It may come as no surprise that the building housing a restaurant named The Laundry started out as an Edwardian wash house. The history of this Brixton newcomer’s former life has been enhanced rather than hidden in a space which now features bare brick walls and distressed plaster walls, peeling back to unveil layers of pastel shades.
The menu is designed by Sydney-born chef Dylan Cashman, whose sharing-style small plates are seasonally led, feature as much local produce as possible and are served by bend-over-backwards-friendly staff who all fully buy into the restaurant’s ethos.
We started with crisp croquettes that were sweetened with carrots and seasoned with chunks of ham hock. Carbs are rightfully given full-plate status, with Pink Firs wrapped in a salt pastry to be cracked into like a potato-y present. Elsewhere a plate of charred gem lettuce was generously portioned and spiked with the flavours of a Caesar salad. An unctuous Parmesan whey took the place of a traditional dressing while the flavour of anchovies was replaced by light bonito flakes.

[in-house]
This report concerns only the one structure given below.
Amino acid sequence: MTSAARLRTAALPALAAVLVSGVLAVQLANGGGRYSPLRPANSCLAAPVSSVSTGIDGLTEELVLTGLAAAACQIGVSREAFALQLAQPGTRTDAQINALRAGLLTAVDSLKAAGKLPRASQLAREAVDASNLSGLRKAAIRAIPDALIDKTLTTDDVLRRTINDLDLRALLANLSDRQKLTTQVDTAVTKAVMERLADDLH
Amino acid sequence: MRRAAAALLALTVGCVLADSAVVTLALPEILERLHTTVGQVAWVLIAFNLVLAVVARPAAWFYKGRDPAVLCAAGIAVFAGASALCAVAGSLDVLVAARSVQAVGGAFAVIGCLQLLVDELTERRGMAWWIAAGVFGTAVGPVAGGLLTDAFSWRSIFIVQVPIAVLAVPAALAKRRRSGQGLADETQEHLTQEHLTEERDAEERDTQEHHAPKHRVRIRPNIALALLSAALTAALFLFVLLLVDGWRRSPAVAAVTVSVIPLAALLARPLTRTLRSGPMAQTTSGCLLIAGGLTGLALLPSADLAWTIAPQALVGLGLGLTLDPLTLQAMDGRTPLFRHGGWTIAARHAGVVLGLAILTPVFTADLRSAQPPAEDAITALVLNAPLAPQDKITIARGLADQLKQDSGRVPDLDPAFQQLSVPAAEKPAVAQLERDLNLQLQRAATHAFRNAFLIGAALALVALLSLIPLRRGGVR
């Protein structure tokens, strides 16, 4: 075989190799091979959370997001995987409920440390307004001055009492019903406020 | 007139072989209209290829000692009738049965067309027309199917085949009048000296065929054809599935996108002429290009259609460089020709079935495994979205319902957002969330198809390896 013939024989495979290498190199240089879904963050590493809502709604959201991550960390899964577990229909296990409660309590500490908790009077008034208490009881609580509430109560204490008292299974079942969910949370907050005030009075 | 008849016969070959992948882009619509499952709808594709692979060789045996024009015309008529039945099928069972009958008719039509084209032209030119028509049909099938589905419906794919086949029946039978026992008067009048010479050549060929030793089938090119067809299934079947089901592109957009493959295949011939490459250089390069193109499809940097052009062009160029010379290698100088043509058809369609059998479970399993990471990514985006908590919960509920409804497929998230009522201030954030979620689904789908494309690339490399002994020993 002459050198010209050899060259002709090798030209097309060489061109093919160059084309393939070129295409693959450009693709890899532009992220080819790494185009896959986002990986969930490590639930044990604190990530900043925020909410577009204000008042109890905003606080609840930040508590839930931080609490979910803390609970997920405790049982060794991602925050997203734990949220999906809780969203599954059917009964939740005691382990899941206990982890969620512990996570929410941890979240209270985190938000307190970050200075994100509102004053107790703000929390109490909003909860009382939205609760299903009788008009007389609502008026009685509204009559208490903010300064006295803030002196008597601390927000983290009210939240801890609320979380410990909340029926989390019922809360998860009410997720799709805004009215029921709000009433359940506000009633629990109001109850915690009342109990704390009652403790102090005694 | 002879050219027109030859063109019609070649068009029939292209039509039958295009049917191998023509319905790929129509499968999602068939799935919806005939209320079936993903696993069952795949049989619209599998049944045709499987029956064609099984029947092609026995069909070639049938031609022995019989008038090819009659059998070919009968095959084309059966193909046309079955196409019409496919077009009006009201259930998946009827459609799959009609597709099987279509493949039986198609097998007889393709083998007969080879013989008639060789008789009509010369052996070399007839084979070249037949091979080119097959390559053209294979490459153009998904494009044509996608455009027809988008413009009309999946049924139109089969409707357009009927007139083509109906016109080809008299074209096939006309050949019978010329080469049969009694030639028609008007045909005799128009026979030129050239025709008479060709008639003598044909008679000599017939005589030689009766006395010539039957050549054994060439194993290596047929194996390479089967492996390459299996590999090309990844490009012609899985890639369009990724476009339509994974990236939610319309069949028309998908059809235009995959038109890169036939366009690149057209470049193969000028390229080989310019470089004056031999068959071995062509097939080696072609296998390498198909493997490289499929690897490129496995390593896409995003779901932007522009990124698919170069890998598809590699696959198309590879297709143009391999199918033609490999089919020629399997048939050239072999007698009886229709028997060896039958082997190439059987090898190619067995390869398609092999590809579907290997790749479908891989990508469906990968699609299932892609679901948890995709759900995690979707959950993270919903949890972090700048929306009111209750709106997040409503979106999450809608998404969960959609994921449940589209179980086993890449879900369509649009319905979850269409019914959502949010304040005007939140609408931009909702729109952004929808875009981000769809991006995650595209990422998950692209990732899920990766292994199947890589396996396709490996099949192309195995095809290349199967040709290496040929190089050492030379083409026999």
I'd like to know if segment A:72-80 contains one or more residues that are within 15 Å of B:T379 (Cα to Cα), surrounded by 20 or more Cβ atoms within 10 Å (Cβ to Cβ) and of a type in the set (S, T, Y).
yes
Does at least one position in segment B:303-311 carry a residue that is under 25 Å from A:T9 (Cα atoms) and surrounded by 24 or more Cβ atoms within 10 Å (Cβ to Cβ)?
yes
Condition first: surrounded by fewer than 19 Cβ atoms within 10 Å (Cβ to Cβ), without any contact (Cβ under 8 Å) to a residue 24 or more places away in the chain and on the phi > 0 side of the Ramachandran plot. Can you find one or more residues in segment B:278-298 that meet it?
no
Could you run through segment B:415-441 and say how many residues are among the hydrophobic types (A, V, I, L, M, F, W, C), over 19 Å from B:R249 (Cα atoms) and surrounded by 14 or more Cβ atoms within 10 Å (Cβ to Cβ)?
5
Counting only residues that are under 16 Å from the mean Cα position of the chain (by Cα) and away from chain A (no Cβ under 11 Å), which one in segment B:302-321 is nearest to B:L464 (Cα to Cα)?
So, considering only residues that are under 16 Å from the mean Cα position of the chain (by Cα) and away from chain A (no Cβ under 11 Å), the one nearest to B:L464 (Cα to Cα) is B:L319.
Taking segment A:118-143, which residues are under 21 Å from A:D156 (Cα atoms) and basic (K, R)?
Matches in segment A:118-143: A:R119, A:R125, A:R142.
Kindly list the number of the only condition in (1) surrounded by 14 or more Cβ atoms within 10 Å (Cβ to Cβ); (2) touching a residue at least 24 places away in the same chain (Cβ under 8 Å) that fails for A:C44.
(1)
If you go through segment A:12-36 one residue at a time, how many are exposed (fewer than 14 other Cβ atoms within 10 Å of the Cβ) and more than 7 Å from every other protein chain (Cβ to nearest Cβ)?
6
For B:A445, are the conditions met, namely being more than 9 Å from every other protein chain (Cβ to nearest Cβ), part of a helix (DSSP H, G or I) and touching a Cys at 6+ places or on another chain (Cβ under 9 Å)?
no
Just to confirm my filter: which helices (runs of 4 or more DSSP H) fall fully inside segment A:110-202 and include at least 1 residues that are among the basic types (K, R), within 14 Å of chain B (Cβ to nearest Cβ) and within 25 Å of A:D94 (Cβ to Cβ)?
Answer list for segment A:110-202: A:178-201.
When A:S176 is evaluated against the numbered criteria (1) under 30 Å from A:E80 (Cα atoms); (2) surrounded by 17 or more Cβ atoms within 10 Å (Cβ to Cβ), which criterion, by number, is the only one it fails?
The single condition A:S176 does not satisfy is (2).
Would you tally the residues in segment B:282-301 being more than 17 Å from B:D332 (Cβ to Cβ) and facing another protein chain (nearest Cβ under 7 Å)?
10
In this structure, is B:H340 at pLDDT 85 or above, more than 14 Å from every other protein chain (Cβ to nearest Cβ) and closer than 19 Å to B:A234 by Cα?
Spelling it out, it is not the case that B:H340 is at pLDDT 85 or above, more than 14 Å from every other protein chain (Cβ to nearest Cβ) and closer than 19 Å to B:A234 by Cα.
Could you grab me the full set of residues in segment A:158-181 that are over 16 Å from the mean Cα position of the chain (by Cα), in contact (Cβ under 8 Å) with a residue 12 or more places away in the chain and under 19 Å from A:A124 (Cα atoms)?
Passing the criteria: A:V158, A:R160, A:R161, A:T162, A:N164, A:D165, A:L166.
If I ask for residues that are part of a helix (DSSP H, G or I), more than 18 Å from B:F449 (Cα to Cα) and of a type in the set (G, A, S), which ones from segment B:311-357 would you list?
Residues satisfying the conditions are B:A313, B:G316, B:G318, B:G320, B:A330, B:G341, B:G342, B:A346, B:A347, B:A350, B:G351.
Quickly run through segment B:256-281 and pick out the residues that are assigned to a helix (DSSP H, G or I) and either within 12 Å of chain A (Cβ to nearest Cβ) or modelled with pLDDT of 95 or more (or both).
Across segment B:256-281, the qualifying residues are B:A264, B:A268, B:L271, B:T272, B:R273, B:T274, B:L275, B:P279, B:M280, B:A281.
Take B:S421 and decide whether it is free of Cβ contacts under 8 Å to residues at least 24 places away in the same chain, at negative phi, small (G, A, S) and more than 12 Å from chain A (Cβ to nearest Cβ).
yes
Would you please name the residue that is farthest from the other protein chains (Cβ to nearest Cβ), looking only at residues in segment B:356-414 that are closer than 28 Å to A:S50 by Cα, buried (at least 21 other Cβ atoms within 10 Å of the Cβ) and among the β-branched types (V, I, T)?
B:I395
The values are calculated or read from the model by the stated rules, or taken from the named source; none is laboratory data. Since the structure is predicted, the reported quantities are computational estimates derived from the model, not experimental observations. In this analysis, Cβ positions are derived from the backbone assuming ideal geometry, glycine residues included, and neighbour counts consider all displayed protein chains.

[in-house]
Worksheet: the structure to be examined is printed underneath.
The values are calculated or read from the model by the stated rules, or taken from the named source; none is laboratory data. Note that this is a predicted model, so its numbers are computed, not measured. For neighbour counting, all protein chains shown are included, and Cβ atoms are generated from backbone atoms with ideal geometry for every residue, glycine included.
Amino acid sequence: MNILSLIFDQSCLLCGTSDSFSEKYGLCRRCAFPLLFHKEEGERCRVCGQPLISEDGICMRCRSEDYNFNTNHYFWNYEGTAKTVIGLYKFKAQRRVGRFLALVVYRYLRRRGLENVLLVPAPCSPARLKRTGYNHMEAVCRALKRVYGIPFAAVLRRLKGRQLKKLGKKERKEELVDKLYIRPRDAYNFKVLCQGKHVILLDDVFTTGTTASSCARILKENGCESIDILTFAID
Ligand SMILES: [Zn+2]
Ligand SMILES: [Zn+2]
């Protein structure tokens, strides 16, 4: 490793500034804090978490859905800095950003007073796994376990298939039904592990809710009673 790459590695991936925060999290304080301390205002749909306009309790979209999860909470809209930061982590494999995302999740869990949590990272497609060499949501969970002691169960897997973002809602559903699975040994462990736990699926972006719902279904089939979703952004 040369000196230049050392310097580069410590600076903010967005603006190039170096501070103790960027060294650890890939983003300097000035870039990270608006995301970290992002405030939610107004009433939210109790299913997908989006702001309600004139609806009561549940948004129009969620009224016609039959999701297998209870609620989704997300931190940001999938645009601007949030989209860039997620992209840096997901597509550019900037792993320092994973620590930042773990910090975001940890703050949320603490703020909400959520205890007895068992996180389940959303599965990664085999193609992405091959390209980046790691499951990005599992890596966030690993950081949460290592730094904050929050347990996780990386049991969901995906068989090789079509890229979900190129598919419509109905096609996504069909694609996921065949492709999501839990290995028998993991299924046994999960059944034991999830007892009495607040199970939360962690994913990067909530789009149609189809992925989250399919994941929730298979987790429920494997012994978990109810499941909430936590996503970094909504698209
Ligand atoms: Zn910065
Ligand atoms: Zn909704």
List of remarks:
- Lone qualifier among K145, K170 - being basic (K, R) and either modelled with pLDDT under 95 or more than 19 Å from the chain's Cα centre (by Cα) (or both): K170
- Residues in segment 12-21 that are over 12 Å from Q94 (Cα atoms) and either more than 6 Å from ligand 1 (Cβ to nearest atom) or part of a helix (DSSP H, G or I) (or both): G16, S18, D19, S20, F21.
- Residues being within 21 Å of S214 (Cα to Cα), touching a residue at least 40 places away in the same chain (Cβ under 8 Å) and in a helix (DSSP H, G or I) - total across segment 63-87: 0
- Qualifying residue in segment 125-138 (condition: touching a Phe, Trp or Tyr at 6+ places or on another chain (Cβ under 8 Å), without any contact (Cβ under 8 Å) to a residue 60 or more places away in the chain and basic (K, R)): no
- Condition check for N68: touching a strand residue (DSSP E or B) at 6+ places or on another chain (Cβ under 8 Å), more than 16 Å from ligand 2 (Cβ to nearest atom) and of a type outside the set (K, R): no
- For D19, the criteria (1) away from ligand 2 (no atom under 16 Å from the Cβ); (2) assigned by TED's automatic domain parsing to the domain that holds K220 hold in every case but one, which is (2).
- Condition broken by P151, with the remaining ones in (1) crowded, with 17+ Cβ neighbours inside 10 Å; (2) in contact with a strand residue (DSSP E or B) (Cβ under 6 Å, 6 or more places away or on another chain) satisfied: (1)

The star though was a plate of slow-cooked belly pork that was silkily rich with layers of fat and topped with a satisfying layer of crackling. The richness of the dish was tempered with Brussels sprouts – both whole and singed leaves – house-made yoghurt and addictively sweet and sharp pickled red chillies.
For dessert a warm chocolate chip cookie, baked to order, promised so much. As a biscuit it was fine, but it was a single small round, unadorned and looking a little lonely on the plate. A scoop of ice cream would have made the £4 price tag feel more justified.
In keeping with its wine bar credentials there’s an interesting list of bottles, with a lean towards French vintages. While the menu presents well, we think a few snacks and a bottle at the bar, surrounded by the chatty south London crowd, beats a full sit-down affair here.